Mark Skarpness: I can start, I think, like you said, we’ve been for example, in the Linux kernel community for as long as it’s existed really, and continue to be one of the top contributors. And I think, in general, being in the community, being a good member of the open-source community, contributing, bringing the community forward, not as an outside player trying to influence, but being in the community and having our engineers deeply involved in working on advancing the kernel or many other open-source projects that we work in, that’s really the way to be an effective member and advocate for the open-source developers is to be them. We have many open-source developers at Intel doing that.
Melissa Evers: Yeah, I would echo what Mark said. I think not only being a member of the community, demonstrating our commitment to upstreaming our work, participating in the genesis of new components and new capabilities within projects, but also just collaborating with the ecosystem and creating new products and projects. Intel has given birth to a lot of things. If you look at our history, from Yocto to SOF to… You pick the layer of the software stack. As Mark mentioned, we’ve been in the Linux community in the kernel for, since it’s inception, but all the way down through to UEFI and the BIOS and Firmware levels, all the way up through drivers, all the way up through microservices, etc., from endpoint, all the way to data center. Intel plays in over 200, 250 projects across the ecosystem. And it’s through contributions. It’s not through consumption.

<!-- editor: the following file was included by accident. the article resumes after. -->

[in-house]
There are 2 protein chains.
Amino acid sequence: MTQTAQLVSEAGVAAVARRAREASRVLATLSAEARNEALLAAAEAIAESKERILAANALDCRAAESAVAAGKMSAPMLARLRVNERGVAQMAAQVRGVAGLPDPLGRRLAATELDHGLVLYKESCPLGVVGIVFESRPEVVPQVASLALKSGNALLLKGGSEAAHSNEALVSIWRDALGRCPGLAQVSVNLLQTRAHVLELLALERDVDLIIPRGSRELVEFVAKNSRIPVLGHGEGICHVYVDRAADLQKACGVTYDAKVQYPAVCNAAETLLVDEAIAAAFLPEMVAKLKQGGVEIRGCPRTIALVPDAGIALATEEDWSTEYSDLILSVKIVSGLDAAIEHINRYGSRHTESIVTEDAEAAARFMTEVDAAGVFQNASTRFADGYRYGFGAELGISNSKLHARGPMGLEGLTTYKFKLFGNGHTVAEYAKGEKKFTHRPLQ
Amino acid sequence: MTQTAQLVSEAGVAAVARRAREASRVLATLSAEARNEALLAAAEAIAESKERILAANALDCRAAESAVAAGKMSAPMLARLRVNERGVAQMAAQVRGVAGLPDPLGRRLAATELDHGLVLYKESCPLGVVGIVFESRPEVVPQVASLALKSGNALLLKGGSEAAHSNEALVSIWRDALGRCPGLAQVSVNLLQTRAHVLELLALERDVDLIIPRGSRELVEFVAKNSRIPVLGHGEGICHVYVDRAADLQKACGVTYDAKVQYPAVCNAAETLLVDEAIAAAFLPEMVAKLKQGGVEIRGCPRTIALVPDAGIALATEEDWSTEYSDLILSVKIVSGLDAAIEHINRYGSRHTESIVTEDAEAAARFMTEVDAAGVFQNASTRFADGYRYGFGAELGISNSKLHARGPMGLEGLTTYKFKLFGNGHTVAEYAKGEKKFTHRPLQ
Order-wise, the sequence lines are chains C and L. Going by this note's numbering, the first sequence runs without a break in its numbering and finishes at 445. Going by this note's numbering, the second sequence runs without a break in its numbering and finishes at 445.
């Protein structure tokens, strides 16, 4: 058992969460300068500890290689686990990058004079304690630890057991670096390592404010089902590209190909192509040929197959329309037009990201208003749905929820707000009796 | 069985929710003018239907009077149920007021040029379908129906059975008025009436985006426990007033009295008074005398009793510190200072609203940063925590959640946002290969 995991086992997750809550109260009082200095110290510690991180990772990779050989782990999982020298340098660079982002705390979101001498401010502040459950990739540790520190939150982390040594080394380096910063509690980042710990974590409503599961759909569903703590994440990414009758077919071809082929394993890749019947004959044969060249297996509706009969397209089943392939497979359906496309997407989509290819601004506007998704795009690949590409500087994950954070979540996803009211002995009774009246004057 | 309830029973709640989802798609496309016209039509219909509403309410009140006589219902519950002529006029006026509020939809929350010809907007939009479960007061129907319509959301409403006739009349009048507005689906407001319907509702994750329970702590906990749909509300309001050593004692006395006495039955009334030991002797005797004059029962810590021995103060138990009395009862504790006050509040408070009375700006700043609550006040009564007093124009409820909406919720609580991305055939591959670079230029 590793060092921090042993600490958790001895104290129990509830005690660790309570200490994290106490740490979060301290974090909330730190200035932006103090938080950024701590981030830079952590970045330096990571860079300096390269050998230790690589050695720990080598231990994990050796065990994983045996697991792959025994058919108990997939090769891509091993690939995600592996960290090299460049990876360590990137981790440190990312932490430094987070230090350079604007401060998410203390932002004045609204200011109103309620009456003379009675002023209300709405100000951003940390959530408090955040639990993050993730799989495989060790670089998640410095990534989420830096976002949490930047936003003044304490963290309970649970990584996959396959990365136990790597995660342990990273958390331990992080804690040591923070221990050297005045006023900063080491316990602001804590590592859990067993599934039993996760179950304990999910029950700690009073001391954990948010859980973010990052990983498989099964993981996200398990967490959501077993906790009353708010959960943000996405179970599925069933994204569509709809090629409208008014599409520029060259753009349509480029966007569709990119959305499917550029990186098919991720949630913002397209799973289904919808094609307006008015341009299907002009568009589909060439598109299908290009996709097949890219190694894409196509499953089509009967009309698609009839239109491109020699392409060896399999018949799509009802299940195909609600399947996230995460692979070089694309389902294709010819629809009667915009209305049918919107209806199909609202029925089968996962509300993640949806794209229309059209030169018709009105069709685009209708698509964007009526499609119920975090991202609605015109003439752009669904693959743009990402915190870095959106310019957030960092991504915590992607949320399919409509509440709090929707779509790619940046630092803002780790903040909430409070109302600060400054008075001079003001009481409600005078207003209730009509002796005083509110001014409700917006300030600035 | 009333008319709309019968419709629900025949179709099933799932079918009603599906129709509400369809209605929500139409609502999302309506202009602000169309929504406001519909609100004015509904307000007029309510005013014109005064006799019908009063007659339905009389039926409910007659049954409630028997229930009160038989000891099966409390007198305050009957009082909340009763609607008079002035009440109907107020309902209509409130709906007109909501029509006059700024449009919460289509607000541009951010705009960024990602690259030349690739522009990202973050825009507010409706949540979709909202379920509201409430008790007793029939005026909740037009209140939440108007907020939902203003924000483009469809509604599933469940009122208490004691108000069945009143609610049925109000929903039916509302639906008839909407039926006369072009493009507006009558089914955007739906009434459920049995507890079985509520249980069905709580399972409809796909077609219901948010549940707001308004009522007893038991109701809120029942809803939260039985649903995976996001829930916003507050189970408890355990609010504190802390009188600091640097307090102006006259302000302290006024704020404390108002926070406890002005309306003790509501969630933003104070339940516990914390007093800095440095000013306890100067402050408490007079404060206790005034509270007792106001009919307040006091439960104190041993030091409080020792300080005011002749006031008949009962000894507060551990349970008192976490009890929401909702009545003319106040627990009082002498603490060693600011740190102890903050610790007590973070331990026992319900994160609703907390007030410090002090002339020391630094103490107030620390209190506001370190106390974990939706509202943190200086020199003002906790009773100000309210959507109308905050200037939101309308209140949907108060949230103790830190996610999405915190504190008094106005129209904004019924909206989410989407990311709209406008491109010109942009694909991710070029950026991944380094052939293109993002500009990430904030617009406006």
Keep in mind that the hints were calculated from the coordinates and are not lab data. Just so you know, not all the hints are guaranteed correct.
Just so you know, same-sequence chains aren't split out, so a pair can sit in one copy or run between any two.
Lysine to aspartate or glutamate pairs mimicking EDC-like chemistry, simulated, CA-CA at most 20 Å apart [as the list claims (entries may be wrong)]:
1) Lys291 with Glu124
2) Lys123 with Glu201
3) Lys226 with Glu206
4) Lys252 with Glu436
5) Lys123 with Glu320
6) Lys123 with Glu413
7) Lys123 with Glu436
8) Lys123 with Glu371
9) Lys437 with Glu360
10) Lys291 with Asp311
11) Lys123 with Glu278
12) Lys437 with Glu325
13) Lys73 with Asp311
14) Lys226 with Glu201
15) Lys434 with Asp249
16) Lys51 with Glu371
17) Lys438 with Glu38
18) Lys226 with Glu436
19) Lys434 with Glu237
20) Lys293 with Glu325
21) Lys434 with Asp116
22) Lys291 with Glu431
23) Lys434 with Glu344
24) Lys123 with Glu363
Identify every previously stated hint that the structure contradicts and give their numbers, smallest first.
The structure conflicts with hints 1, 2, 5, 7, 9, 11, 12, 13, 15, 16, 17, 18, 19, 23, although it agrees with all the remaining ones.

It’s through meeting in the community, working on the challenges, looking at what the future holds, what are the technologies that are needed in order to bear forth the future of innovation, and then figuring out how we can enable that successfully, that’s where you earn influence and engagement is through your commitment, through your developers, through your code. They are the agents of our change.
Swapnil Bhartiya: I just want to discuss something more, which is that, the landscape has also changed. The way we, consumer are engaged with open-source has also changed. Because of cloud, a lot of things have changed. A lot of developers nowadays, they are on the payroll of companies. They’re like, even Linux foundation come up with report, the number of contributors at Linux kernel, they are like mostly getting paid to do the job. It’s not they don’t turn to Linux knights at nighttime and they do something else in the day job, which also means that the rules of engagements are also changing because a lot of these developers actually are working in their company times. So, how have you seen the open-source ecosystem has changed and evolved because you have to also change your strategy to engage with them because sometimes CLA’s can become an issue, a lot of things are there, so can you share some insights on that?